N. B Forrest Camp #3  Chattanooga, Tennessee

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This self-guided tour is the culmination of many hours of research and development by several members of the N.B. Forrest Camp #3, Sons of Confederate Veterans, several War Between the States reenactors, and others.  Several researchers and writers are listed within the stories.  It has been compiled here by a past Commander of the N.B. Forrest Camp #3, who has led many a tour using these notes.  There are more stories included here than he used to cover in the tour, because it took about an hour to recite the stories he chose.  You could cover the ground more quickly if you are a fast reader.

 The tour starts at the Shelter in the middle of the Cemetery.  If you look from there toward Third Street, you are looking North. If you look toward Fifth Street and UTC, you are looking South.  Begin with the
Cemetery History and then the short bit from Kate Cummings, Confederate Nurse.  

Then move northeast to the Alabama plaque where James Scott is listed as J.W. Scott.  James Barstow is listed as Jas. Baresto on the Arkansas Plaque on the northern end of the cemetery.  A little further west by the Union flag read about one of the two Union soldiers resting here.  Sergeant Edward J. Wentworth's stone has the name of E. J. Winbroot, which was found to be incorrect through research.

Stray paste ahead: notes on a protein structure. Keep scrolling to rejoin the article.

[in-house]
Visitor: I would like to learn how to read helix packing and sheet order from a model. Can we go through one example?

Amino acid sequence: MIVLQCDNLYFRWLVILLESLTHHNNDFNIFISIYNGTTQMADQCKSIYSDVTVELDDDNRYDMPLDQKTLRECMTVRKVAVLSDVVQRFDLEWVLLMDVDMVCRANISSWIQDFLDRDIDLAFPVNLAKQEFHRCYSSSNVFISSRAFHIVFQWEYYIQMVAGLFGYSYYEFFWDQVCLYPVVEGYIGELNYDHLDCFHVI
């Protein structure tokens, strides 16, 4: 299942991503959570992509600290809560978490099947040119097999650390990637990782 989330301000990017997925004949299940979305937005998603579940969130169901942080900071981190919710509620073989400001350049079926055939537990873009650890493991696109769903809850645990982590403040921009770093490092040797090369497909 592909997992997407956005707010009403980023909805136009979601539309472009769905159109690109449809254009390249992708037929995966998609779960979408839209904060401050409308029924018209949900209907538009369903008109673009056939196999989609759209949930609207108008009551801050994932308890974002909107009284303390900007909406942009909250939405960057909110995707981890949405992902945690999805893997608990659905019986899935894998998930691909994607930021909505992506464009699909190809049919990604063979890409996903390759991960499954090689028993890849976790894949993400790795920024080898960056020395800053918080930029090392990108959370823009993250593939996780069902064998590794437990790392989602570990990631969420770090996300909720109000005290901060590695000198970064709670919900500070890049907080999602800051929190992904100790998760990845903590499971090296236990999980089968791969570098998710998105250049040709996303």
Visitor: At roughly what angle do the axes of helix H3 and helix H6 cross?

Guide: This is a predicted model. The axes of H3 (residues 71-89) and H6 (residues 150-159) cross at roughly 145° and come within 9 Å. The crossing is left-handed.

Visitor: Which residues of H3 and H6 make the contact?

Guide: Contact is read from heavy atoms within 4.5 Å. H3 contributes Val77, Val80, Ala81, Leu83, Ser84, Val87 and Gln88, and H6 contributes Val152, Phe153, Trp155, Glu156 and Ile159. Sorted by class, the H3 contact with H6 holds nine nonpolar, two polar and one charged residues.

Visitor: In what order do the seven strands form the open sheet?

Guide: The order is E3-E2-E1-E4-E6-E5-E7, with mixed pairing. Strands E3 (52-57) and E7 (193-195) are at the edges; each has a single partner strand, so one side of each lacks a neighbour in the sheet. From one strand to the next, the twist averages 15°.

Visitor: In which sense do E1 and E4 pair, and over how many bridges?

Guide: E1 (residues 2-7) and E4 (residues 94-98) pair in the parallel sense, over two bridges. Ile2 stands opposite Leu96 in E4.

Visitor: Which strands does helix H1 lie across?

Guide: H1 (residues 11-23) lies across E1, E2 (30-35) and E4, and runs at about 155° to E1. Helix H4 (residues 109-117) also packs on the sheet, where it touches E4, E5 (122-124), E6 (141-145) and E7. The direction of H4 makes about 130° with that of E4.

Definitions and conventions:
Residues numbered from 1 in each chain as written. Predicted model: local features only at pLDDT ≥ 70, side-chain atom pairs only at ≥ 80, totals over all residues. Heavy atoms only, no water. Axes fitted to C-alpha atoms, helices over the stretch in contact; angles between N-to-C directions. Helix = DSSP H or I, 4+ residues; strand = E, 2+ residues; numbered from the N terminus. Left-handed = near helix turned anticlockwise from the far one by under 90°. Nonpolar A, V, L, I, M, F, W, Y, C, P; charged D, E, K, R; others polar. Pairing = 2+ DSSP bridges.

Then go to a point just east of the Shelter, where
S.J.A. Frazier is interred with his wife and daughter.   He has an amazing story.


Now head South through the veterans’ graves on the east side of the Cemetery, beginning with the elaborate stone for Lt. John T. Walker, then John C. Doyle J. C. Nisbet, Martin Monroe Fry, and Albion W. Palmer,  then walk to the Southeast corner where you will find the grave of  Shaderick Searcy.  

Then head west, along the front wall until you find Lawrence Thomson Dickinson.  Going North again on this western edge of the Cemetery, you will soon find James H. Latimer, and then Benjamin Lloyd Goulding, another amazing Man.  Further north, beside the base of a tree, rests J.J. Haney.  A little further north is Newton J. Collins, the Wright Smith Hackett and

finally Lt. James L. Price, the artillerist.

We hope you find yourself respectful of the lives you’ve read about, and of the times in which they lived, the most tumultuous in American history.  Our hope is that this hallowed ground will be maintained for generations to know the real history of those who rest here.

You too, could research a name and submit your script to the N. B. Forrest Camp #3 and have it added to the records.